The Unintended Consequences of Shock Collars (Blog Post) – This article provides a detailed analysis of shock collars, how they are used, and why there is always a better choice for both training and management. References to the scientific literature supporting the conclusion of this article are listed. – http://bit.ly/ShockCollars

Dominance: Reality or Myth – Both a podcast and blog post, this article discusses the myth of dominance and explains why it is so detrimental to the human-dog bond. The blog post also cites the scientific articles referenced and provides links to those articles, where available. – http://bit.ly/Dominance-RealityorMyth

Introduction to Canine Communication – This blog post discusses canine body language and contains photographs illustrating common calming signals. – http://bit.ly/CanineComm 

How Can I Tell When My Dog Is Anxious or Fearful? Most behavioral issues with dogs are rooted in anxiety. It is essential for anyone working with dogs to have a thorough understanding of the signs of anxiety. This blog post list resources that will help you to understand better what a dog is trying to tell you.– http://bit.ly/DogsSignsofFear

Helping Your Dog Thrive – Brambell’s Five Freedoms – The following articles were originally published in Downeast Dog News in January of 2018 through May 2018. These articles discuss how one can use the five freedoms to help ensure their dog has a long, fun-filled life. I examine the role of nutrition, basic husbandry, veterinary care, training, behavior, and the management of a dog, as they all play a role in the quality of its life. Anyone that shares their life with a dog, as well as all pet care professionals, will benefit from understanding Brambell’s Five Freedoms. – http://bit.ly/Brambell-1thru5-PDF

Pet Behavior as an Essential Component to Holistic Wellness – This post from Don’s blog is a handout from his presentation Pet Behavior as an Essential Component to Holistic Wellness given on Saturday, October 29, 2016, as part of Green Acres Kennel Shop’s fundraiser for The Green Gem Holistic Healing Oasis. It discusses the importance of addressing behavior as well as the reason for behavior problems becoming a more common issue for pets. – http://bit.ly/PetBhxWellness

Understanding, Identifying, and Coping with Canine Stress – Stress is a major contributor to behavior problems. This post from Don’s blog looks at both good stress (eustress) and bad stress (distress), discusses their physiological effects on the body, and reviews what animals do when afraid. Common causes of stress are reviewed, along with how you can identify stress and reduce it. How stress can escalate and go from an acute event to a chronic condition is reviewed. Any dog exhibiting behavioral issues is under stress, as are most dogs in a shelter or rescue environment. That is not typically due to any fault of the shelter; it is just the nature of being homeless and uncertain. – http://bit.ly/Canine-Stress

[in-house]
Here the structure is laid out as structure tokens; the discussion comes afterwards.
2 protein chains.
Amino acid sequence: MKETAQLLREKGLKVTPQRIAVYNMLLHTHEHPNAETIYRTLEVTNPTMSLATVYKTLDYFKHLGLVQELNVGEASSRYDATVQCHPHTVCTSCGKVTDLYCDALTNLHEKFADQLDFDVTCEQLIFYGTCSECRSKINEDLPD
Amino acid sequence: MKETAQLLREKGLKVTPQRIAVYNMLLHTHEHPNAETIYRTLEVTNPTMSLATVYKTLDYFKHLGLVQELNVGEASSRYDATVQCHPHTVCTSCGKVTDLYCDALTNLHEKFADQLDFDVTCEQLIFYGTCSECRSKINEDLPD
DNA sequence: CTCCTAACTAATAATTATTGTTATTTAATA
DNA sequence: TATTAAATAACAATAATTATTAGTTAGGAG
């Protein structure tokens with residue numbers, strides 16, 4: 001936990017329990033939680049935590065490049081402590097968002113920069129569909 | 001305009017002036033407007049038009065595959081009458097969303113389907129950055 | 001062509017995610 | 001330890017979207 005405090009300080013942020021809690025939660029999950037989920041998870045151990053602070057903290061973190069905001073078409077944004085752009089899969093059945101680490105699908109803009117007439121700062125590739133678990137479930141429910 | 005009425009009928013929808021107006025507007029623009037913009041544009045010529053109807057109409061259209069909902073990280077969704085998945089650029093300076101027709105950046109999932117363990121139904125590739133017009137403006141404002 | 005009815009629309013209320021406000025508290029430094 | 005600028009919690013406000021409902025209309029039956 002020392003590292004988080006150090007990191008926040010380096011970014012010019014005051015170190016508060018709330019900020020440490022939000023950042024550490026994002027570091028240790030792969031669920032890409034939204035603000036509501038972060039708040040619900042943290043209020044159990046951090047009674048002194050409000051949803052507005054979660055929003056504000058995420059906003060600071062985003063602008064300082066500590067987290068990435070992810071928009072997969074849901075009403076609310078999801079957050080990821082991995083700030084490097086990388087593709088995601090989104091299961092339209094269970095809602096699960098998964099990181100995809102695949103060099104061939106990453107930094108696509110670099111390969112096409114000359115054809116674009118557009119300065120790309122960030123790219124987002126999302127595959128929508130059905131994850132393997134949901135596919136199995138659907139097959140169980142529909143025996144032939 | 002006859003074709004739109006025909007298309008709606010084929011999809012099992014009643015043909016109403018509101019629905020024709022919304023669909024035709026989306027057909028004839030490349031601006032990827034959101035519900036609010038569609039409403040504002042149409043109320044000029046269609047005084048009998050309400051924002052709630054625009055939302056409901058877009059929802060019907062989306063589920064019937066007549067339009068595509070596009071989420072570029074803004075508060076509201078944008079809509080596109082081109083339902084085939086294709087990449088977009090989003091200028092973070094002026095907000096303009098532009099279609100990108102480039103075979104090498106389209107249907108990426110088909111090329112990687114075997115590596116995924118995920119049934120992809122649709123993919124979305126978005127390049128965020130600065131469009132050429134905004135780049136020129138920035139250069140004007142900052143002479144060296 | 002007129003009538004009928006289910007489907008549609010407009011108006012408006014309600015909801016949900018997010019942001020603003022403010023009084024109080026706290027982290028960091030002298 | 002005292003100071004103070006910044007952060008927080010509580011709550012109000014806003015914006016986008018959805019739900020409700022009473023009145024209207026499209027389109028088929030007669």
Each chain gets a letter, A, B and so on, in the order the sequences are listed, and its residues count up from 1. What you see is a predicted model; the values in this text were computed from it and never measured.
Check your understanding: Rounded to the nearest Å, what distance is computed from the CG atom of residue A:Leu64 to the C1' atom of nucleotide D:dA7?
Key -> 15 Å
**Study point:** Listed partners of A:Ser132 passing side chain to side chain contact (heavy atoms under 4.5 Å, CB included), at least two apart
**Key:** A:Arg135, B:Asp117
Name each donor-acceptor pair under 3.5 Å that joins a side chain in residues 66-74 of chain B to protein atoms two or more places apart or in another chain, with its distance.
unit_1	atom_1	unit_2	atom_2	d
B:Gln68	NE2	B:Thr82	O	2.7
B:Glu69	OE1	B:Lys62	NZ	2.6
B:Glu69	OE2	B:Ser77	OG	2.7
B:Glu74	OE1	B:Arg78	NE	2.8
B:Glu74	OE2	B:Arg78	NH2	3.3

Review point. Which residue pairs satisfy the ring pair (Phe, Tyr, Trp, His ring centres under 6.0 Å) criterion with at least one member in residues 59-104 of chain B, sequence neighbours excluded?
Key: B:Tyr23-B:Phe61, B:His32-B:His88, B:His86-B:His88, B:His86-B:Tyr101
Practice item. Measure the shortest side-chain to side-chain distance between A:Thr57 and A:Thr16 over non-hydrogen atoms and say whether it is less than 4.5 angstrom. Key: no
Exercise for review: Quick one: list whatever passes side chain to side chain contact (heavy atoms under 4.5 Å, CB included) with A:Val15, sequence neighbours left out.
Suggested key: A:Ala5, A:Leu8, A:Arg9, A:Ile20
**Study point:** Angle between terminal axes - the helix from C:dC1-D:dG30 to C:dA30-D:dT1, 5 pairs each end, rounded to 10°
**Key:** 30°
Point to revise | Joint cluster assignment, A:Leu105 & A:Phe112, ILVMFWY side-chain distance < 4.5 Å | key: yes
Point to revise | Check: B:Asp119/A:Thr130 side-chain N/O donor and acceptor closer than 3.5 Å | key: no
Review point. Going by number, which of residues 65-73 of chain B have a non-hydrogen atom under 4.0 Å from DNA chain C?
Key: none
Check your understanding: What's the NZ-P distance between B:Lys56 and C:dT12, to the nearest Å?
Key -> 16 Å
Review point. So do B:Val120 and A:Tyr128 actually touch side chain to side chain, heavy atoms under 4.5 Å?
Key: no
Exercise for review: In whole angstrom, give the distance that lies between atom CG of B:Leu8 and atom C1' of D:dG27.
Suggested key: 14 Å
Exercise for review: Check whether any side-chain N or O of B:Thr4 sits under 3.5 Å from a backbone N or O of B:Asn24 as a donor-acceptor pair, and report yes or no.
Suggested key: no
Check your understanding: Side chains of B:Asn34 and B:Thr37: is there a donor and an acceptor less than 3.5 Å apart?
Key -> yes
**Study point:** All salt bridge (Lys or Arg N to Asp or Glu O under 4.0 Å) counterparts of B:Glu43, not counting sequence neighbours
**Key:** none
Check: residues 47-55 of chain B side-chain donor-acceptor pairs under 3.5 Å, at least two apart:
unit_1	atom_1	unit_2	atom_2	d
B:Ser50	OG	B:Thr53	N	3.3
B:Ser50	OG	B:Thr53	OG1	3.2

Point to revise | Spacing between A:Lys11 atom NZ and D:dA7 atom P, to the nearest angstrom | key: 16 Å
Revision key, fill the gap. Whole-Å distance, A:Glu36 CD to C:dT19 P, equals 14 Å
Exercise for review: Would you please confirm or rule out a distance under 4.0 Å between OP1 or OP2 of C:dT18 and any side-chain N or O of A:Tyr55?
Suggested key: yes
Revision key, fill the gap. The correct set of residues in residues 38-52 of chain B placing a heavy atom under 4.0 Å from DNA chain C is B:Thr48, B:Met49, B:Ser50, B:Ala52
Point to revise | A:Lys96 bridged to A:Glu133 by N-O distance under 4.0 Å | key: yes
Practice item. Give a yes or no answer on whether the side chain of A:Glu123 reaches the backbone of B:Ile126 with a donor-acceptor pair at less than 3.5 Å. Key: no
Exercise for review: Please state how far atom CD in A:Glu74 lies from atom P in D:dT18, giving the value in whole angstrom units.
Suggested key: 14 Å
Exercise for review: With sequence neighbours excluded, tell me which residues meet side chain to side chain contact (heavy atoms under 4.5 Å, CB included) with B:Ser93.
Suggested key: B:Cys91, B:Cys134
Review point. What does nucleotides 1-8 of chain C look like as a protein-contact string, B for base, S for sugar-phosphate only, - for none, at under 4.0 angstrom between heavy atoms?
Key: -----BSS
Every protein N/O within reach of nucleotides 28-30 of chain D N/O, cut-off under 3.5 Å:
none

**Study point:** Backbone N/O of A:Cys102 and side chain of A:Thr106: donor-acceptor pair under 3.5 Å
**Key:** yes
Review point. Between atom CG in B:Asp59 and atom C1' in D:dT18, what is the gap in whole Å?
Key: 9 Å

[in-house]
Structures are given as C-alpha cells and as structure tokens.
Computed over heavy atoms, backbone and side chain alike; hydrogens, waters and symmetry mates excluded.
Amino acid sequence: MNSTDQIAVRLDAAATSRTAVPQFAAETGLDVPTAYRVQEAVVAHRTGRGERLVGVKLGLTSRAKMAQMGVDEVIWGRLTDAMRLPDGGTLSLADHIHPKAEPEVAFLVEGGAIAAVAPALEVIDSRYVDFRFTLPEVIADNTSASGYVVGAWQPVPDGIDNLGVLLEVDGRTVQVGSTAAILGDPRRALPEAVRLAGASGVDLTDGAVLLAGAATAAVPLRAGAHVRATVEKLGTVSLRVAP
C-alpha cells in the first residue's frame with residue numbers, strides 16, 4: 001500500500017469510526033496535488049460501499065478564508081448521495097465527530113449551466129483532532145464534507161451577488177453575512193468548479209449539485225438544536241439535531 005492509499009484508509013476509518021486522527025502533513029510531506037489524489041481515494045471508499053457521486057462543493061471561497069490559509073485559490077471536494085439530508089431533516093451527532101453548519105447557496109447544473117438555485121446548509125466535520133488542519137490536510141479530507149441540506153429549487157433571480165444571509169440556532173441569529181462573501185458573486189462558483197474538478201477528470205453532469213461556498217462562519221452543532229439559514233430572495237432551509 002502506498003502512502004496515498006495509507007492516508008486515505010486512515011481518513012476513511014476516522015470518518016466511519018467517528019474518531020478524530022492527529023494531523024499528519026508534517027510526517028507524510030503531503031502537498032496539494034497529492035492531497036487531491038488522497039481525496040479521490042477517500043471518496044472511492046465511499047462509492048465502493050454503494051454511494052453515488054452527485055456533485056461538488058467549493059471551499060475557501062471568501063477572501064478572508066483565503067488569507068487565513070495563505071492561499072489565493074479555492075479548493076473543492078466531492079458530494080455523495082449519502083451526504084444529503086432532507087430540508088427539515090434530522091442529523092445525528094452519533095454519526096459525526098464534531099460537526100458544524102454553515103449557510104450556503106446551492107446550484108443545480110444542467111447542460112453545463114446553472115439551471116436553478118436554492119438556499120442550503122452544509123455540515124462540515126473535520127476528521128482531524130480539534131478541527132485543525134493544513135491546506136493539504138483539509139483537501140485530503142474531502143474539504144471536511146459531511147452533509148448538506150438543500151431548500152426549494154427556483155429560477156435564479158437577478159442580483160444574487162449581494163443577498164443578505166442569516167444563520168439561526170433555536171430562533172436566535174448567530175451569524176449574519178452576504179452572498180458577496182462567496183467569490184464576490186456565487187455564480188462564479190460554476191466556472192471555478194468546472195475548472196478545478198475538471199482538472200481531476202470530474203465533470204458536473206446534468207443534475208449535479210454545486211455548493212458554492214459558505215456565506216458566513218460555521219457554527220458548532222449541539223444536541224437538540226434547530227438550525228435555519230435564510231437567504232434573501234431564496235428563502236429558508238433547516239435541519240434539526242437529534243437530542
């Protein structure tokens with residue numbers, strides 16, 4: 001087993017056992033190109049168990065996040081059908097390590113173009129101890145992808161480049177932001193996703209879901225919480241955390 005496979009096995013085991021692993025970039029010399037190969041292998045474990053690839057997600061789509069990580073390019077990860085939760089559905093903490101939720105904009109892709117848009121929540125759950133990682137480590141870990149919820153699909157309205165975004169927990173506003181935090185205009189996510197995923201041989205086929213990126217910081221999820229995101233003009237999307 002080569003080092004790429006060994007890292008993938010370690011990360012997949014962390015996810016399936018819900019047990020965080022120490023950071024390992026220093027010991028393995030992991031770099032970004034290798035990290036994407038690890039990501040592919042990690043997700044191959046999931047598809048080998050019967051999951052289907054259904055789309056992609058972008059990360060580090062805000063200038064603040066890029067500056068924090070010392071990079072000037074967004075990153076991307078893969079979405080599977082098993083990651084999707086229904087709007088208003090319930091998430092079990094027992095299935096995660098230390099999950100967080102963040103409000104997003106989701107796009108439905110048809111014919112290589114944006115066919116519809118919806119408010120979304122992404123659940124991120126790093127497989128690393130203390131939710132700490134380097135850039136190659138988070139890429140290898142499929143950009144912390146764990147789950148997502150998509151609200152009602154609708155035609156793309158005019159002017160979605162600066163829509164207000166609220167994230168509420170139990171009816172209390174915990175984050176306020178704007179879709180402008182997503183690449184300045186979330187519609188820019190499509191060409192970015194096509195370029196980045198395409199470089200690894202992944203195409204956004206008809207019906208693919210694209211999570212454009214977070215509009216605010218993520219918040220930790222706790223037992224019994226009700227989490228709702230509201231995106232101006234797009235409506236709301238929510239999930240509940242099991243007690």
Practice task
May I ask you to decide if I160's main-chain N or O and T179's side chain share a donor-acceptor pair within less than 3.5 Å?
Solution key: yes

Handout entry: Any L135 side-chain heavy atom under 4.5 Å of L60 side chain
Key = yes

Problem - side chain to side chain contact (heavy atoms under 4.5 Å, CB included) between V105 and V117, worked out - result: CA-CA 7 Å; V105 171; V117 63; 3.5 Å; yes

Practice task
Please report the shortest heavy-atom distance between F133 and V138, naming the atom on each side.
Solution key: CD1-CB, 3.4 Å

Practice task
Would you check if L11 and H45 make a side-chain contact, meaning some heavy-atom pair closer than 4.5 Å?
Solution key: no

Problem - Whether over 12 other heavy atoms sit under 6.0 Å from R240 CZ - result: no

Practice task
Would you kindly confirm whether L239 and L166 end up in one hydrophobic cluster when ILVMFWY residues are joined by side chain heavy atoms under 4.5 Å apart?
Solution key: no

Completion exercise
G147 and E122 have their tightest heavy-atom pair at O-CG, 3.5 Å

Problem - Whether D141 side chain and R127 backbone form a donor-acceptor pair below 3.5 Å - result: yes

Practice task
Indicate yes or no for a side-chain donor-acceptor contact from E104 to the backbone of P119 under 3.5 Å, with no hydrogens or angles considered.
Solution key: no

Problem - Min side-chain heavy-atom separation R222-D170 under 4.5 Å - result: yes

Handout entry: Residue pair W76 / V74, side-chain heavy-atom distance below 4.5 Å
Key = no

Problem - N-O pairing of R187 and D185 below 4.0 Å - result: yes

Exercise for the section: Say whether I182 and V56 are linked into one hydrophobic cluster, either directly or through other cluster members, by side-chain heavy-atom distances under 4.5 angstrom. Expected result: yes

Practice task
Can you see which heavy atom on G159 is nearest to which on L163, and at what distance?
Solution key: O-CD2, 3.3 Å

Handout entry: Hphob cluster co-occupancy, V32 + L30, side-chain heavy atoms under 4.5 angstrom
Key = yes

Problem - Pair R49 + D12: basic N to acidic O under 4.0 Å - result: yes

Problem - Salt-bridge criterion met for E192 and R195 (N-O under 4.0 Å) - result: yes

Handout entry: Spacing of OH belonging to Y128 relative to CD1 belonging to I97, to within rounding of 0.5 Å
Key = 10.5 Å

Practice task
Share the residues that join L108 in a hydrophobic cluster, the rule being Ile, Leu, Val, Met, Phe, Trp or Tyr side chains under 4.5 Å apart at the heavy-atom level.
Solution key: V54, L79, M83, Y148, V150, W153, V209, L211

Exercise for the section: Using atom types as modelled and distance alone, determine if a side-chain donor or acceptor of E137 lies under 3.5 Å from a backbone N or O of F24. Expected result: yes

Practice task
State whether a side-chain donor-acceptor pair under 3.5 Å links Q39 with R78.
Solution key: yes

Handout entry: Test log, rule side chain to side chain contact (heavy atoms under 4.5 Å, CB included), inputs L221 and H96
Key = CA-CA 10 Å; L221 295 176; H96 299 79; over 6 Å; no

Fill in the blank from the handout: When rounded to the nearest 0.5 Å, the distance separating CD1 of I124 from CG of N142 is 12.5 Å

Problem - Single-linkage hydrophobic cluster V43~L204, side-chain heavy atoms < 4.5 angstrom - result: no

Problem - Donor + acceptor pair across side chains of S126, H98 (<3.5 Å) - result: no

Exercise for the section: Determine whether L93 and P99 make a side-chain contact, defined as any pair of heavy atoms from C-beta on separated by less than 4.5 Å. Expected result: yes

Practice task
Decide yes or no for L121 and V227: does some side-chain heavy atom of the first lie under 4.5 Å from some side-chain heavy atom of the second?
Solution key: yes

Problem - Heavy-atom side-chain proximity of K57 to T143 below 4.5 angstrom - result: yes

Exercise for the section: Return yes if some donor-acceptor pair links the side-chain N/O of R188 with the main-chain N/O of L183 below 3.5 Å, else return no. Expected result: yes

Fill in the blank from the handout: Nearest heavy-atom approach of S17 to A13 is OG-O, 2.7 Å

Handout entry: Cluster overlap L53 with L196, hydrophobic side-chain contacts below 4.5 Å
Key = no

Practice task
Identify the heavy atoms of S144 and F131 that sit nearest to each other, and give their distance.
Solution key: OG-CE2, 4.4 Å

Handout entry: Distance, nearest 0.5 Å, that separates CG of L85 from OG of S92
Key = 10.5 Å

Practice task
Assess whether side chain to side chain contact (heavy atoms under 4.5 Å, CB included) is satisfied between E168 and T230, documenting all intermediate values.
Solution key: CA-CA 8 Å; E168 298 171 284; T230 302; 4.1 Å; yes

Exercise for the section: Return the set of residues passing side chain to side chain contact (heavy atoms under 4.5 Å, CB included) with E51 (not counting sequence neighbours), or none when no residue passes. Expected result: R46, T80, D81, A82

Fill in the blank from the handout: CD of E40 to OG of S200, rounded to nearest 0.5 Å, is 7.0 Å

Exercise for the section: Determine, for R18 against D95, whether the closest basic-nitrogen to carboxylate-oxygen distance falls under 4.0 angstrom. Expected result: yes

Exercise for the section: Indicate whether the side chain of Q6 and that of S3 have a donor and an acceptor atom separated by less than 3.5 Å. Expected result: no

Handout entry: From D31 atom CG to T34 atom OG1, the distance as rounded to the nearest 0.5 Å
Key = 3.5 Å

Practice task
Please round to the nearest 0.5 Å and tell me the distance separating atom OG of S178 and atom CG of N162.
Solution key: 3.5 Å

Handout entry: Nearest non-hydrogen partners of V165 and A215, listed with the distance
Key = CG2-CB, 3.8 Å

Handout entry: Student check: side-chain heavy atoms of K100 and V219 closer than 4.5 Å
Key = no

Does My Dogs Breed Matter? – This post is was first published in Downeast Dog News as a three-part series in July, August, and September of 2017. It discusses the seven breed groups currently defined by the American Kennel Club (AKC) and examines behavioral traits in these groups and why they matter. – http://bit.ly/DoesDogBreedMatter

A Rescue Dogs Perspective – Written from the perspective of Don’s rescue dog Muppy, this article first appeared in the January 2016 issue of Downeast Dog News and on Don’s blog. It discusses training from Muppy’s point of view and why sometimes delaying starting a training class can be in a dog’s best interest. – http://bit.ly/Rescue-Muppy

Dangerous Dogs! – What Shelters, Rescues, Prospective Adopters, and Owners Need to Know – This article was originally published in Downeast

Dog growling over a stick

Dog News in May and June of 2017. It addresses how the law defines dangerous dogs. – http://bit.ly/Dangerous-Dogs

What’s Shocking about Shock – What Science Tells Us About the Use of Shock in Dog Training – Barks from the Guild July 2019 In this article from the July 2019 issue of Barks from the Guild, Certified Dog Behavior Consultant (CDBC) and Professional Dog Trainer (CPDT-KA), Don Hanson review the many peer-reviewed scientific studies that have reported that shock collars cause undue stress to dogs and often have a negative impact on their health and well-being. Hanson reviews the professional organizations and legal jurisdictions that believe shock collars should never be used. He then looks at these questions and what scientific research tells us; 1) Does the electric shock from a shock collar cause pain?, 2)  Is training a dog with an aversive such as a shock collar more efficient than using positive reinforcement training and food?, 3) Is the use of aversives necessary to train behaviors such as snake avoidance?, and 4) Does using a shock collar save dogs’ lives?http://bit.ly/ShockBARK-JUL2019